11 - Mamoon study: prevalence of CCSVI in MS patients: 84%
Source: http://www.ccsvikuwait.com/Details.aspx?d=4

12 - Simka study: Prevalence of CCSVI in MS patients: 95%
Source: http://www.ccsvikuwait.com/Details.aspx?d=4

13 - No cerebrocervical venous congestion in patients with multiple sclerosis: Fifty-six MS patients and 20 controls were studied. Except for 1 patient, blood flow direction in the IJVs and VVs was normal in all subjects. Therefore the prevalence of CCSVI in MS patients after this study is 1/56 [13]. Zamboni wrote a note remarking some possible problems during the study.
Source: http://www.mendeley.com/research/cerebr ... clerosis-1

13 - Katayoun Alikhanim study (University of Calgary). Focusing only in neck vein abnormalities in 67 people (34 MS, 20 not MS, 7 possible MS, 6 CIS) using contrast-enhanced MR venography, with a blinded radiologist, found abnormalities in 7 out of 34 with MS, 4 out of 20 not MS, 0 out of 7 possible MS and 1 out of 6 CIS. They remarked that patients with vein abnormalities were more likely to be older and to have more disability than those with normal veins.

14 - Extracranial venous vessel pathology in multiple sclerosis [14]: Though it also included angioplasty, it is also a prevalence study as it says as conclusion "In all MS patients with the progressive course of disease venous vessel pathology was dicovered". 30 consecutive MS patients (aged 27-73 years) with progressive course of disease – 17 patients with secondary progressive and 13 with primary progressive MS with mean EDSS 5.53 (range 2.0-7.5). Endovascular treatment did not produced any serious side effects. No significant improvement of EDSS score (less than 1.0 point) was noticed, but significant amelioration of the fatigue assessed by FSS (p < 0.001). They used selective venography for detecting stenosis. Source: <shortened url>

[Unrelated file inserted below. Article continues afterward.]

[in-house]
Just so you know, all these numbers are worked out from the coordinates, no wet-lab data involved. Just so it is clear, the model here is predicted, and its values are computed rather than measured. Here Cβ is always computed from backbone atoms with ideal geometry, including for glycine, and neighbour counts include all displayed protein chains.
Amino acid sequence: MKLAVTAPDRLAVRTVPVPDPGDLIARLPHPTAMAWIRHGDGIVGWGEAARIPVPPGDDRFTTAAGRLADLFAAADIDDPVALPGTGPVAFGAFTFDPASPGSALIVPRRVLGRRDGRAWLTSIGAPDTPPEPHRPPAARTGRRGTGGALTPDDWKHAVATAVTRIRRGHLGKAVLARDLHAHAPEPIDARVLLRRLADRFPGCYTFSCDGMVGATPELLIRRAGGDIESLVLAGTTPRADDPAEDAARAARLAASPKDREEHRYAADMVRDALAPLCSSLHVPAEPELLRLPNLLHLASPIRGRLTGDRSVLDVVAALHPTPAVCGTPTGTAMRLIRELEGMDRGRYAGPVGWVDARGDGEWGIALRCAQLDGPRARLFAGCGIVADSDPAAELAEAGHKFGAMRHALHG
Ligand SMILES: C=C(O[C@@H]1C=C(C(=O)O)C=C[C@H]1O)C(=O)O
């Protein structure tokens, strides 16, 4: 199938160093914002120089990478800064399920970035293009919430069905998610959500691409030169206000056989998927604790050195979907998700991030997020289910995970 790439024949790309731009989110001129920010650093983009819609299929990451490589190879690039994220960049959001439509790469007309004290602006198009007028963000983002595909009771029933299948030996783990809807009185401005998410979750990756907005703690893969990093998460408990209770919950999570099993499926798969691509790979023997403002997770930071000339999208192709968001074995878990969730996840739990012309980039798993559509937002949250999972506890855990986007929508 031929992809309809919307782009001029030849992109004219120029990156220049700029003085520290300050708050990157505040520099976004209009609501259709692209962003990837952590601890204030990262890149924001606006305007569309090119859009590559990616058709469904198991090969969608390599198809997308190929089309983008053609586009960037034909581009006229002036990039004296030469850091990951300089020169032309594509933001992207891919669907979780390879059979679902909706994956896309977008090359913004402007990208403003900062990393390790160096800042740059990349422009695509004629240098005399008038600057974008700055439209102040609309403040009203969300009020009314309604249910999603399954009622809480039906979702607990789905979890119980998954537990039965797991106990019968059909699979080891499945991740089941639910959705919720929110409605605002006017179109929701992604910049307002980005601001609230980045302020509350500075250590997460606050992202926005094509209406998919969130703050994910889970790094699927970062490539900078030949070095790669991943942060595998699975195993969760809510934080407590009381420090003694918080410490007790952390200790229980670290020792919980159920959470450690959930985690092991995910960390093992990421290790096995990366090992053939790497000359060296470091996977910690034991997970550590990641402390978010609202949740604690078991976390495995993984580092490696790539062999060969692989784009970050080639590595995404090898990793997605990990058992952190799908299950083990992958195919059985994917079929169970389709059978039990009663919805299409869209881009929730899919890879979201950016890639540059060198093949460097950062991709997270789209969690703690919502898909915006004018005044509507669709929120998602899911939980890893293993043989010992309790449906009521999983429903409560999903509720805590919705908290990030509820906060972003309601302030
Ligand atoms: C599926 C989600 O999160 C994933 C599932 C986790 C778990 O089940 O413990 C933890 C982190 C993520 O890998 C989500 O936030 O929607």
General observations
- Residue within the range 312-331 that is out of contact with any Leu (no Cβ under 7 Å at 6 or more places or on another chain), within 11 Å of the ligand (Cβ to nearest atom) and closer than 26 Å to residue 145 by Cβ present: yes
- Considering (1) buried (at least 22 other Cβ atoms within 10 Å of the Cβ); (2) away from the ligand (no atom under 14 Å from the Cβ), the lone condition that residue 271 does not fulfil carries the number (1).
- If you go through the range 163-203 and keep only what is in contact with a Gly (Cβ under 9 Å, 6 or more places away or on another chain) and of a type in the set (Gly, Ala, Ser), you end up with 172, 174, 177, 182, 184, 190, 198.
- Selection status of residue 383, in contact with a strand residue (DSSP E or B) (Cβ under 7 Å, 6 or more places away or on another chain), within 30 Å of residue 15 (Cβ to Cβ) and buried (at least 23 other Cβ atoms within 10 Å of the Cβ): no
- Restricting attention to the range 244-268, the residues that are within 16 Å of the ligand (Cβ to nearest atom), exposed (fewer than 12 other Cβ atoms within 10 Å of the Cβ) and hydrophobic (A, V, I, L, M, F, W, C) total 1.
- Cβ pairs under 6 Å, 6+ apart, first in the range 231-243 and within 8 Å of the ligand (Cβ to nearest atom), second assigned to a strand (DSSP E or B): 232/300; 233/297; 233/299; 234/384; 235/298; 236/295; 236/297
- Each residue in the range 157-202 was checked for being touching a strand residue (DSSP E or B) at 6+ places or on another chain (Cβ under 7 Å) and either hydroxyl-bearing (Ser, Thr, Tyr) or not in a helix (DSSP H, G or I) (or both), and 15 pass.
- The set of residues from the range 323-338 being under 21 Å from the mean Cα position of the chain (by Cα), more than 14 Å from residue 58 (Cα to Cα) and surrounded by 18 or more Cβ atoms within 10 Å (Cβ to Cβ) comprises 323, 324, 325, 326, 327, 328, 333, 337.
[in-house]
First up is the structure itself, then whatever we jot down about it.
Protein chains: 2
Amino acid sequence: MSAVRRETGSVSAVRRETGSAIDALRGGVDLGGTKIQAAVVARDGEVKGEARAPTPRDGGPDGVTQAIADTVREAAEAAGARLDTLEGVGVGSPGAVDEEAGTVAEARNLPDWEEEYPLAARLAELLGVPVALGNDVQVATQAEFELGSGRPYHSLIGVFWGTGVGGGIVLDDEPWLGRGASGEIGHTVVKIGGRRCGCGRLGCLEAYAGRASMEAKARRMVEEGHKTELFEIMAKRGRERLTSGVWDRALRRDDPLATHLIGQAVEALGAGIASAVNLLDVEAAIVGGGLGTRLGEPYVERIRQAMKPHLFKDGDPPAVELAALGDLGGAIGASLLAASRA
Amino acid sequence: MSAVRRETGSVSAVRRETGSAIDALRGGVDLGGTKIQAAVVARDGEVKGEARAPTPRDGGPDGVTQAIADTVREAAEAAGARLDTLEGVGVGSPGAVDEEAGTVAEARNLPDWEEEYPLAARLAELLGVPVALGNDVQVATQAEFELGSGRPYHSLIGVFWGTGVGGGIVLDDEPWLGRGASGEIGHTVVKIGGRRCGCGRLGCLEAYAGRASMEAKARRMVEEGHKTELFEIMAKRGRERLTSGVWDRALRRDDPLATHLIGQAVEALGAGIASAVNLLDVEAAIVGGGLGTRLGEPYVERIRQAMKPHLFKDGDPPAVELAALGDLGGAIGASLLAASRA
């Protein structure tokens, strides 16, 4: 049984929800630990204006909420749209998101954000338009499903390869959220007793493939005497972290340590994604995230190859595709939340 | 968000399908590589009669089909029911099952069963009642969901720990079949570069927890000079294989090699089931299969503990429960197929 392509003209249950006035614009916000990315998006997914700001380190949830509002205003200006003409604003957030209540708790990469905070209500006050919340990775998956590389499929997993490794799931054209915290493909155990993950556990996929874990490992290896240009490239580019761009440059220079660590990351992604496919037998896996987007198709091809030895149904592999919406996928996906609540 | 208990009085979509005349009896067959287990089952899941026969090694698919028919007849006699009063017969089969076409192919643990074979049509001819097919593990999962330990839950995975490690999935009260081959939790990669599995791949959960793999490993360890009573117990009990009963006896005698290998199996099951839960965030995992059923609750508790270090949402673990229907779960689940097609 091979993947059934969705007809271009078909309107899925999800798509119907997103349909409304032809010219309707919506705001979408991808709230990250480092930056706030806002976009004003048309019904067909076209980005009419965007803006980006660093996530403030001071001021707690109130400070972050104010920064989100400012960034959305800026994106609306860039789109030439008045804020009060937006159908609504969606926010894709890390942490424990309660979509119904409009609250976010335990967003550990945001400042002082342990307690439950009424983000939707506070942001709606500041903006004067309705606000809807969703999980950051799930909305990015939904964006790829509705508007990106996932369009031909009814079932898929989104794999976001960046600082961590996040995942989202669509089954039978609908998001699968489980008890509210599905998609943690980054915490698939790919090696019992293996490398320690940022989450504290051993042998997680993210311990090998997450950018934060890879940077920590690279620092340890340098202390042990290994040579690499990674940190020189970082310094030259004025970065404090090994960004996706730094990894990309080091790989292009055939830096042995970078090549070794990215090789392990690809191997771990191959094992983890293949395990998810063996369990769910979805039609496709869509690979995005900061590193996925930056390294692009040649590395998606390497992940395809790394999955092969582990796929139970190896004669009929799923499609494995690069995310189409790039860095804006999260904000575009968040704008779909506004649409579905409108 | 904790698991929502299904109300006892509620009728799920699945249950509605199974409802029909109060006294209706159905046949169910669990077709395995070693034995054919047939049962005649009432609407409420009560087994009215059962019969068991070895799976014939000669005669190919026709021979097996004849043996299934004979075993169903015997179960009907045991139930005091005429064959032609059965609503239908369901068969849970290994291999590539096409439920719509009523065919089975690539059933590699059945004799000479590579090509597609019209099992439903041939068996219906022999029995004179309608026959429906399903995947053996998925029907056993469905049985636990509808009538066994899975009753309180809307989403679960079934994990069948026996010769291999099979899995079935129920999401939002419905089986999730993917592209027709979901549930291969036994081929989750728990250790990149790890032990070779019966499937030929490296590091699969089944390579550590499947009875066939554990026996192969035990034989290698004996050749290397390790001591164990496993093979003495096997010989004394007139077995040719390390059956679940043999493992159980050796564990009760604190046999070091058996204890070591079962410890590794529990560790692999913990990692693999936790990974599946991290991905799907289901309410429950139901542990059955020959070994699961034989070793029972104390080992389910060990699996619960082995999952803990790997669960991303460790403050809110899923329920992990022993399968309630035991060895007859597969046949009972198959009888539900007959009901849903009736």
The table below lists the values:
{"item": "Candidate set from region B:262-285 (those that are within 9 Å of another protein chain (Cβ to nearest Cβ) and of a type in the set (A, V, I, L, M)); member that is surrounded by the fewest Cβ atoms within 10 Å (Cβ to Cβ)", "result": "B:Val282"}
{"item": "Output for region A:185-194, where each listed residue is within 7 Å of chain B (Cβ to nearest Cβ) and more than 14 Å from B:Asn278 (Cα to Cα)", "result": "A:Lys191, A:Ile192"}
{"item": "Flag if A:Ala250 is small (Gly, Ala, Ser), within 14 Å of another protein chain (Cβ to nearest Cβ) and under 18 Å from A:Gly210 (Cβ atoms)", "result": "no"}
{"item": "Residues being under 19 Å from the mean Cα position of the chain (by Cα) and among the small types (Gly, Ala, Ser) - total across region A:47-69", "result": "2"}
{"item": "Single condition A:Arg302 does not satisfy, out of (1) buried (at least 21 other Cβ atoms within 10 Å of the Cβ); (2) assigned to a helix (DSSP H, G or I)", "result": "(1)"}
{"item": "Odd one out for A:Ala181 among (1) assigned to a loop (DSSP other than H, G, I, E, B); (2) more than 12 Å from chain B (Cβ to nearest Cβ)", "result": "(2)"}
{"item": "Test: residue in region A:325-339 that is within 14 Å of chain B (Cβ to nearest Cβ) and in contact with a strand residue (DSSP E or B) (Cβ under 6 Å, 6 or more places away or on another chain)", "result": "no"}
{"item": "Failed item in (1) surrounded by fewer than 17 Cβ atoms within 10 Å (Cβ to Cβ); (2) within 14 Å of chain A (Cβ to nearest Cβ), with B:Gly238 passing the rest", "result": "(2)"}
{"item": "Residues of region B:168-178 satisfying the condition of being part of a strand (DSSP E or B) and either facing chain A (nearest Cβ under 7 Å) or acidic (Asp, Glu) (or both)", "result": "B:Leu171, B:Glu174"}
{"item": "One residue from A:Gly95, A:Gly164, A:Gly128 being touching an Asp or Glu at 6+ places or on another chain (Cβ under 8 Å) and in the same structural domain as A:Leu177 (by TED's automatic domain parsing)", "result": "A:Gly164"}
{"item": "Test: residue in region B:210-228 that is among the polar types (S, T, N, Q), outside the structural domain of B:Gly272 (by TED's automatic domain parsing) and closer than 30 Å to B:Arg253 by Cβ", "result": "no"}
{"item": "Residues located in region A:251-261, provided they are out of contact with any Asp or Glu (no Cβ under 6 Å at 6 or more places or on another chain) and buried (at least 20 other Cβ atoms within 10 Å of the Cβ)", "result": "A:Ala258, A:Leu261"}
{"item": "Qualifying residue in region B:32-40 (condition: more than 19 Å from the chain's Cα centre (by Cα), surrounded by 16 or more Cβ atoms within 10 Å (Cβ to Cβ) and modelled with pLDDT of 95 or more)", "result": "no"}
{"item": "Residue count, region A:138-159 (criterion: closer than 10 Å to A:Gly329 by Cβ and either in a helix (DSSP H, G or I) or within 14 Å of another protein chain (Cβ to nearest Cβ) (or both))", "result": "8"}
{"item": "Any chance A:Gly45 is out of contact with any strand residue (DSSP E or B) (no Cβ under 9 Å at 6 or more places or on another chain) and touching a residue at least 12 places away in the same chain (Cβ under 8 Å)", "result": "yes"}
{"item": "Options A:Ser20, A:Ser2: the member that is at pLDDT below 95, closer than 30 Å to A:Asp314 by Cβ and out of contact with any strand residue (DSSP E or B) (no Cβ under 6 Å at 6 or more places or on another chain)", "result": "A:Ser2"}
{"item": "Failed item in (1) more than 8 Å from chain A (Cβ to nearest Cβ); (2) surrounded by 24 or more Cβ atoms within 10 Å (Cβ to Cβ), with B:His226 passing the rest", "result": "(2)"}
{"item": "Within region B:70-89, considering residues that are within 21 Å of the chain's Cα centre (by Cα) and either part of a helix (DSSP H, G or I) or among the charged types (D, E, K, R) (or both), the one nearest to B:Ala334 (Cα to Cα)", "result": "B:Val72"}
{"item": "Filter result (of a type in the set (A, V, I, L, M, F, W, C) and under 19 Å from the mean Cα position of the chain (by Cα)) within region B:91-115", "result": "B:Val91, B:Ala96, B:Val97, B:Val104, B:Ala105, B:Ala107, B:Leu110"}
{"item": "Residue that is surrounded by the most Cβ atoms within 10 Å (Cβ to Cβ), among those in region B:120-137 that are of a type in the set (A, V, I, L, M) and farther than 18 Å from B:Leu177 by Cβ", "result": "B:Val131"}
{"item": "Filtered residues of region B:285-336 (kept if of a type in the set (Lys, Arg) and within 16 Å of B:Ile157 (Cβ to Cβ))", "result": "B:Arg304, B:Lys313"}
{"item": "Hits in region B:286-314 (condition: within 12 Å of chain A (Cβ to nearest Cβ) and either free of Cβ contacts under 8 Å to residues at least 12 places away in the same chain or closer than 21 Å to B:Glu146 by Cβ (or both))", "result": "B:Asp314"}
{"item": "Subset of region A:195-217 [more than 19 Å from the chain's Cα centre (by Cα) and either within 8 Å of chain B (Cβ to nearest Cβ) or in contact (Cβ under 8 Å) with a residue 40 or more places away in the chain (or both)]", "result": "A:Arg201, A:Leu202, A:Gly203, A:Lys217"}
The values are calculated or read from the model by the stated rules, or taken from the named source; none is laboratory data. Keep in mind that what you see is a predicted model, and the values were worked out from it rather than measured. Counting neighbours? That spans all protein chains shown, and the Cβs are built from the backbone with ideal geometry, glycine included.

15 - Proposed chronic cerebrospinal venous insufficiency criteria do not predict multiple sclerosis risk or severity: CCSVI was studied in 84 MS patients and in 56 healthy subjects by applying the Zamboni method for CCSVI identification. They found no significant differences (p = 0.12) in CCSVI frequency between MS and control subjects. Furthermore, no differences were found between CCSVI-positive and CCSVI-negative patients in terms of relevant clinical variables such as disease duration, time between onset and first relapse, relapsing or progressive disease course, and risk of secondary progression course. Statistically significant differences were not found between CCSVI-positive and CCSVI-negative MS subjects by analyzing direct measures of disability such as mean Expanded Disability Status Scale (EDSS) (p = 0.07), mean progression index (p > 0.1), and mean MS severity score (p > 0.1).